Front Page Titles (by Subject) § 58.: Of the Idealism of the purposiveness of both Nature and Art as the unique principle of the aesthetical Judgement. - The Critique of Judgement
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§ 58.: Of the Idealism of the purposiveness of both Nature and Art as the unique principle of the aesthetical Judgement. - Immanuel Kant, The Critique of Judgement 
Kant’s Critique of Judgement, translated with Introduction and Notes by J.H. Bernard (2nd ed. revised) (London: Macmillan, 1914).
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Of the Idealism of the purposiveness of both Nature and Art as the unique principle of the aesthetical Judgement.
To begin with, we can either place the principle of taste in the fact that it always judges in accordance with grounds which are empirical and therefore are only given a posteriori by sense, or concede that it judges on a priori grounds. The former would be the empiricism of the Critique of Taste; the latter its rationalism. According to the former the Object of our satisfaction would not differ from the pleasant; according to the latter, if the judgement rests on definite concepts, it would not differ from the good. Thus all beauty would be banished from the world, and only a particular name, expressing perhaps a certain mingling of the two above-named kinds of satisfaction, would remain in its place. But we have shown that there are also a priori grounds of satisfaction which can subsist along with the principle of rationalism, although they cannot be comprehended in definite concepts.
On the other hand, the rationalism of the principle of taste is either that of the realism of the purposiveness, or of its idealism. Because a judgement of taste is not a cognitive judgement, and beauty is not a characteristic of the Object, considered in itself, the rationalism of the principle of taste can never be placed in the fact that the purposiveness in this judgement is thought as objective, i.e. that the judgement theoretically, and therefore also logically (although only in a confused way), refers to the perfection of the Object. It only refers aesthetically to the agreement of the representation of the Object in the Imagination with the essential principles of Judgement in general in the subject. Consequently, even according to the principle of rationalism, the judgement of taste and the distinction between its realism and idealism can only be settled thus. Either in the first case, this subjective purposiveness is assumed as an actual (designed) purpose of nature (or art) harmonising with our Judgement; or, in the second case, as a purposive harmony with the needs of Judgement, in respect of nature and its forms produced according to particular laws, which shows itself, without purpose, spontaneously, and contingently.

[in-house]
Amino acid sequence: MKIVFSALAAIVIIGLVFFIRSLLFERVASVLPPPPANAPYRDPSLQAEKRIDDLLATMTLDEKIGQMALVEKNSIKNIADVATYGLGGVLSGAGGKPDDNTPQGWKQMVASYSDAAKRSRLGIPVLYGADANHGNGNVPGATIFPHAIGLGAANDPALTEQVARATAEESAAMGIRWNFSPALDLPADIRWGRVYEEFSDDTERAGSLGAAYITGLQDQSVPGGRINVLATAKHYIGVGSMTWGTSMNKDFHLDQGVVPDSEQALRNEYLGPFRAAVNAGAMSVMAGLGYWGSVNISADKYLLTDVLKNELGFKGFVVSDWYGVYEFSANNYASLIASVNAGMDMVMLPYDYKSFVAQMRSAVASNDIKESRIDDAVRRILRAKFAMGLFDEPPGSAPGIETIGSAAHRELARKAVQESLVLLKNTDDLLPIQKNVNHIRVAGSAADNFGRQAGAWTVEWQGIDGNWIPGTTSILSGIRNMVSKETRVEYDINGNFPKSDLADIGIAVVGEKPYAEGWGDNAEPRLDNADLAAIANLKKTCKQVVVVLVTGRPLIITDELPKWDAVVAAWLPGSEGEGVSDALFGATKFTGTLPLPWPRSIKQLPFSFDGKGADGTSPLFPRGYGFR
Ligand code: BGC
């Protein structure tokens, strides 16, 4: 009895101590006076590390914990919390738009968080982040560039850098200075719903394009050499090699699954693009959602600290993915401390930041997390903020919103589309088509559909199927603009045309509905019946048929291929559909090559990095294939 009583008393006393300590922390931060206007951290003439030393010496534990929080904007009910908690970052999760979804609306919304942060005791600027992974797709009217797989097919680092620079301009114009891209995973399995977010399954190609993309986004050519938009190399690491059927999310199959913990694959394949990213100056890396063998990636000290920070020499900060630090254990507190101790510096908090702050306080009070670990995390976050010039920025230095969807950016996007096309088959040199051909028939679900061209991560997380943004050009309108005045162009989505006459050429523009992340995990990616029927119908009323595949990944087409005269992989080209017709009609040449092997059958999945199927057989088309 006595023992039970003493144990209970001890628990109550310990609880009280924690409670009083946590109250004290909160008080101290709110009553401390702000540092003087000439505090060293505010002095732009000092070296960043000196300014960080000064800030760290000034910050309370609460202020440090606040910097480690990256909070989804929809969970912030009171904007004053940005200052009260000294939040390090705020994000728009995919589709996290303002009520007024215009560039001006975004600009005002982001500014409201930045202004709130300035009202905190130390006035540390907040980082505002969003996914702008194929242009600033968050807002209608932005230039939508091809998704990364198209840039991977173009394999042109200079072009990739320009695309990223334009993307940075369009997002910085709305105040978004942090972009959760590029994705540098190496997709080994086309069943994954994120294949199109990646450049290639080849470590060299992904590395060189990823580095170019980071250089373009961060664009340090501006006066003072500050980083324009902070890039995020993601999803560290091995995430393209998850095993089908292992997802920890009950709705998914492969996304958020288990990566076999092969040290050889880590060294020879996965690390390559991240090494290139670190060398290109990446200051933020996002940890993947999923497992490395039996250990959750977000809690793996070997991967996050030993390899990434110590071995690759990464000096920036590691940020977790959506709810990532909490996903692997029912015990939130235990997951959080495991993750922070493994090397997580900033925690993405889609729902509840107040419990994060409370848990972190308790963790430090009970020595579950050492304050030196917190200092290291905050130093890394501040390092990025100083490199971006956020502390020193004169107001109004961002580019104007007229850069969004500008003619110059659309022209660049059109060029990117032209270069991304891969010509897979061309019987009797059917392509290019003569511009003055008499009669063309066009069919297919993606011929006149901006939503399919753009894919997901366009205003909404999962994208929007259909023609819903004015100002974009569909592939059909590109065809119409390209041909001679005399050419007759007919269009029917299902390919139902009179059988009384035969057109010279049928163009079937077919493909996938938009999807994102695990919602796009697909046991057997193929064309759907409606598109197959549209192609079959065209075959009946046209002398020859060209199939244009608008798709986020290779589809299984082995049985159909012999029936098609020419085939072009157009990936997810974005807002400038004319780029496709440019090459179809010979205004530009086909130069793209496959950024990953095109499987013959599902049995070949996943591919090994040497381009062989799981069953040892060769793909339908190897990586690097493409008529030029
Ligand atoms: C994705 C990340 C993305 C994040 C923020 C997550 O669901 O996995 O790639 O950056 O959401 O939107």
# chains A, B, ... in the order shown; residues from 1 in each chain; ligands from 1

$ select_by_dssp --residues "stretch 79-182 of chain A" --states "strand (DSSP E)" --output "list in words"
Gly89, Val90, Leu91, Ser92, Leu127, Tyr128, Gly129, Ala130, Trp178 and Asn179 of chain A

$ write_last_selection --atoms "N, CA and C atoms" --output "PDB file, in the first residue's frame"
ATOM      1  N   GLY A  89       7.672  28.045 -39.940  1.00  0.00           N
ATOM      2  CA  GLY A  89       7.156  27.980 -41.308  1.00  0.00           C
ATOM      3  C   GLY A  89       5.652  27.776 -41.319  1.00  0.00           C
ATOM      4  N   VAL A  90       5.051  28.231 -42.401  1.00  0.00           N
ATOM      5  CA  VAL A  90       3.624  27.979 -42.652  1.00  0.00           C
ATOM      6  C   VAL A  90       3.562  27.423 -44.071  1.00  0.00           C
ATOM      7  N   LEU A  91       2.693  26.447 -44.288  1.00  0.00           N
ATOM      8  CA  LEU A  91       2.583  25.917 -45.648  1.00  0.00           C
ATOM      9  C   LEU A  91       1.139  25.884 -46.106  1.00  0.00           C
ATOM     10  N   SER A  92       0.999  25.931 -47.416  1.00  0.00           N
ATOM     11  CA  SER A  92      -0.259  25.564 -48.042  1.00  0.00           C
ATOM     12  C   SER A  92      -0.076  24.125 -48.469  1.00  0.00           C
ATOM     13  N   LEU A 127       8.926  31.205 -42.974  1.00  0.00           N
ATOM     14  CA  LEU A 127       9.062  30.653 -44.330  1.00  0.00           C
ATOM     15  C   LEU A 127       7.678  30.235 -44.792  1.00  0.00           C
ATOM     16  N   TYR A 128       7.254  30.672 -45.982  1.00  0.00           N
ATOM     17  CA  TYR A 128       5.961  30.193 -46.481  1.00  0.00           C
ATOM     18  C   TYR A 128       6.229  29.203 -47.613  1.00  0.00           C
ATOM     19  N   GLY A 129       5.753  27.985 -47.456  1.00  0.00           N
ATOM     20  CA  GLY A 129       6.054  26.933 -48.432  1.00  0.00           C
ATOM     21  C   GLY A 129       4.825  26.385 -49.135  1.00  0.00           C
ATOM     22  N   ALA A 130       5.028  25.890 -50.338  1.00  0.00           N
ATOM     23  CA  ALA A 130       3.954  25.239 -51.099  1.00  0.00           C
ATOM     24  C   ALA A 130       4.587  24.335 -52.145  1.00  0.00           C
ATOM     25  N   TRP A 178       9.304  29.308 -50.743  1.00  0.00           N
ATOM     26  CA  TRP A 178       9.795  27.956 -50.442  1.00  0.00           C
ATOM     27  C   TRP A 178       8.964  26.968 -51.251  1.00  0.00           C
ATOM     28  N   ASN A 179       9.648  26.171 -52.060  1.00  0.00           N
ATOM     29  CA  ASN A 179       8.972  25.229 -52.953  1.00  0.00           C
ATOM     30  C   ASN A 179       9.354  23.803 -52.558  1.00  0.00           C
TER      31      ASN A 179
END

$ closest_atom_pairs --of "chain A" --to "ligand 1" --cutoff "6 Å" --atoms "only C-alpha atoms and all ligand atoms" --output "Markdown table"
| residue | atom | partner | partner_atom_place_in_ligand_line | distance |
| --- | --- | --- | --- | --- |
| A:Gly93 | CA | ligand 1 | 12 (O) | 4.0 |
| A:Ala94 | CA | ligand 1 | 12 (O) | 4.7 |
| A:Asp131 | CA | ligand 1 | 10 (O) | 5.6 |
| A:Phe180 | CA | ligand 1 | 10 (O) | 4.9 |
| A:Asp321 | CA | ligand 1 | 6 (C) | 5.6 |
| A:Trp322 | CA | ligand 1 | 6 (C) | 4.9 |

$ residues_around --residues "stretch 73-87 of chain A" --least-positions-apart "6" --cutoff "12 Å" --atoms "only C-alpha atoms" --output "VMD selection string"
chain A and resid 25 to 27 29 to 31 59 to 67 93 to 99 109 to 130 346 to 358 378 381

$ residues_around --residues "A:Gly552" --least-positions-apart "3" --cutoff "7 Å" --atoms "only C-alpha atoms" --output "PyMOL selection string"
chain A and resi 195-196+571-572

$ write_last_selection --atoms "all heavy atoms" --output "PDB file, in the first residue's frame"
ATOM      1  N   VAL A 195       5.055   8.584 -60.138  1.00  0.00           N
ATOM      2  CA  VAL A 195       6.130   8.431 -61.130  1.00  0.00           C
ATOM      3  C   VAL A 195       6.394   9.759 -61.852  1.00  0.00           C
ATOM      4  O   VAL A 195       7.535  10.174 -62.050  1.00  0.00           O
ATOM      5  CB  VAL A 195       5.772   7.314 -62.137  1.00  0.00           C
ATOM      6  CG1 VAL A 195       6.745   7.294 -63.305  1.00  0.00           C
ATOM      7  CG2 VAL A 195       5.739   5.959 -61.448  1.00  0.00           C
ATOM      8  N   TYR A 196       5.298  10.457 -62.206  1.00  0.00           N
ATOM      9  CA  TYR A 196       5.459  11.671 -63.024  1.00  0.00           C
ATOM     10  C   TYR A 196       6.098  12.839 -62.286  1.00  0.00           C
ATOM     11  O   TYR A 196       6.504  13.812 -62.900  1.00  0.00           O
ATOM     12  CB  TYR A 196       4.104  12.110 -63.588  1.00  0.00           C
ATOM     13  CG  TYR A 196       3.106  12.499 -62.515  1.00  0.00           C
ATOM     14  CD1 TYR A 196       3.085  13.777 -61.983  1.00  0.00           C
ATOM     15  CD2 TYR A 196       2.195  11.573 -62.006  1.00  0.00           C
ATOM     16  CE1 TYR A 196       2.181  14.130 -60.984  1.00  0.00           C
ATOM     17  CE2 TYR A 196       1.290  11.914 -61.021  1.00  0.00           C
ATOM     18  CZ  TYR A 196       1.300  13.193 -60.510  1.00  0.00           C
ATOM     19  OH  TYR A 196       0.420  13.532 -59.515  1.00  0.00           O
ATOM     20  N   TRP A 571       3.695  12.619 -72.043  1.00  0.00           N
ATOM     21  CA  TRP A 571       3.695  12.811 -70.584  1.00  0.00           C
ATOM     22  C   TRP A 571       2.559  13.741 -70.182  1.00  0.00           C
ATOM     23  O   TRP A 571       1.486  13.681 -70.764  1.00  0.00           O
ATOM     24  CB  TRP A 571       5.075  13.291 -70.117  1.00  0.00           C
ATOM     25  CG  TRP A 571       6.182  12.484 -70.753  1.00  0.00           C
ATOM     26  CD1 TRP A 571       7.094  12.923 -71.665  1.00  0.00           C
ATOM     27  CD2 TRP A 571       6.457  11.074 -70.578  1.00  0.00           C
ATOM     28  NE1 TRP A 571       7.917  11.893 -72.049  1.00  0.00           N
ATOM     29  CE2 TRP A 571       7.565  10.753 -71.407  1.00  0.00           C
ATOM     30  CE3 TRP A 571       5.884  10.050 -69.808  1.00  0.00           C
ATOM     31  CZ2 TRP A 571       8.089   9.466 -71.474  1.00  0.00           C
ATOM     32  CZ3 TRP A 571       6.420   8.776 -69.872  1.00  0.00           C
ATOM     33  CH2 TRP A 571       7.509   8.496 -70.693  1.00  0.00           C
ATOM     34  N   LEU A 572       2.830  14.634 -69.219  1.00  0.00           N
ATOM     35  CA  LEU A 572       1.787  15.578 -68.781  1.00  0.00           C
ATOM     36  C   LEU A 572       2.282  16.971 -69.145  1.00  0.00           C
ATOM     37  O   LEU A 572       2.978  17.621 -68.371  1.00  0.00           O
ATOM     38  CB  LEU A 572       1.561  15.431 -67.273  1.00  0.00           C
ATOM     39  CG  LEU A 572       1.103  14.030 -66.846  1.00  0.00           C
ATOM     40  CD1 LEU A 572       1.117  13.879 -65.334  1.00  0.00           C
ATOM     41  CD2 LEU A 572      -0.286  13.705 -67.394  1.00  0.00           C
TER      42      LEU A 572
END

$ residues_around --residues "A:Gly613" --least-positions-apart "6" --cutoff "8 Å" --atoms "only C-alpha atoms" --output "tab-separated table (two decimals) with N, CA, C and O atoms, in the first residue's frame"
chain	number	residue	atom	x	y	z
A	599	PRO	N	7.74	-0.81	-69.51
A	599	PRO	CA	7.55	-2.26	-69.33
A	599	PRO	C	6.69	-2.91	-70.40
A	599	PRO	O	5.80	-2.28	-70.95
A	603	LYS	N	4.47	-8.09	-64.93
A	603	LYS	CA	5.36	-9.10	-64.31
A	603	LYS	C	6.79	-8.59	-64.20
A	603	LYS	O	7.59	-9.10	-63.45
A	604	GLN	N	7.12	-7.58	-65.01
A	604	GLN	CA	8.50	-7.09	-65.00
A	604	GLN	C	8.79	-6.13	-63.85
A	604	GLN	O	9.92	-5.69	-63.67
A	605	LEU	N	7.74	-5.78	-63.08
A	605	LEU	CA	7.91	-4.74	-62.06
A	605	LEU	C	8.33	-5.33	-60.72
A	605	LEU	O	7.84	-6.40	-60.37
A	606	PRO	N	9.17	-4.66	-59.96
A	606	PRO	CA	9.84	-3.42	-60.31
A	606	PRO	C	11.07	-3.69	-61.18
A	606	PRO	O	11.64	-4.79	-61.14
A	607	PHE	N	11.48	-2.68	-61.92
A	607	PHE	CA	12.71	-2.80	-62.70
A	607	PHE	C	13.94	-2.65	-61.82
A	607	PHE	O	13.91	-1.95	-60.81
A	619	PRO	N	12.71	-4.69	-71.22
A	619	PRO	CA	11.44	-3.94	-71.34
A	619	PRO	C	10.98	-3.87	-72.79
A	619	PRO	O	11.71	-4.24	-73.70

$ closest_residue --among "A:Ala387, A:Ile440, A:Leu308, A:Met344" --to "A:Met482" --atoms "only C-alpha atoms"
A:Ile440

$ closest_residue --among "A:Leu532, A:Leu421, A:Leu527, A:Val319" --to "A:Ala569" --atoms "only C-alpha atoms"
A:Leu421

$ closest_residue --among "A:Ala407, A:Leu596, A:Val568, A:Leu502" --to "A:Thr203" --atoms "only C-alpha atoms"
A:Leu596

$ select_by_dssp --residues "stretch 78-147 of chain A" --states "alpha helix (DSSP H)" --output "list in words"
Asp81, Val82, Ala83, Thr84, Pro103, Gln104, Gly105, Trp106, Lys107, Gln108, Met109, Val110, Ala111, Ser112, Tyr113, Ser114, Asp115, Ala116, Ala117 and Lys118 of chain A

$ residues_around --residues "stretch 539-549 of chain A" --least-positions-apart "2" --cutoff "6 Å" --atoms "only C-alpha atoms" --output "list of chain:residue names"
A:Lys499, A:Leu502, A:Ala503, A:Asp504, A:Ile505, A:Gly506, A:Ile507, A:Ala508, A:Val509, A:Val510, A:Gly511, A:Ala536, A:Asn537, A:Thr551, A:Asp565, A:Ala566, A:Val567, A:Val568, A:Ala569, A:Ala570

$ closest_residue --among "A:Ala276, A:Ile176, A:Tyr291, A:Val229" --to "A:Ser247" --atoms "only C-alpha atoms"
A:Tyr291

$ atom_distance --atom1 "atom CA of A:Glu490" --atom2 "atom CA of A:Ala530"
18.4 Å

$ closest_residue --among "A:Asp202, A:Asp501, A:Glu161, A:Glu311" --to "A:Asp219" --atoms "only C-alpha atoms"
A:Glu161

The beautiful formations in the kingdom of organised nature speak loudly for the realism of the aesthetical purposiveness of nature; since we might assume that behind the production of the beautiful there is an Idea of the beautiful in the producing cause, viz. a purpose in respect of our Imagination. Flowers, blossoms, even the shapes of entire plants; the elegance of animal formations of all kinds, unneeded for their proper use, but, as it were, selected for our taste; especially the charming variety so satisfying to the eye and the harmonious arrangement of colours (in the pheasant, in shell-fish, in insects, even in the commonest flowers), which, as it only concerns the surface and not the figure of these creations (though perhaps requisite in regard of their internal purposes), seems to be entirely designed for external inspection; these things give great weight to that mode of explanation which assumes actual purposes of nature for our aesthetical Judgement.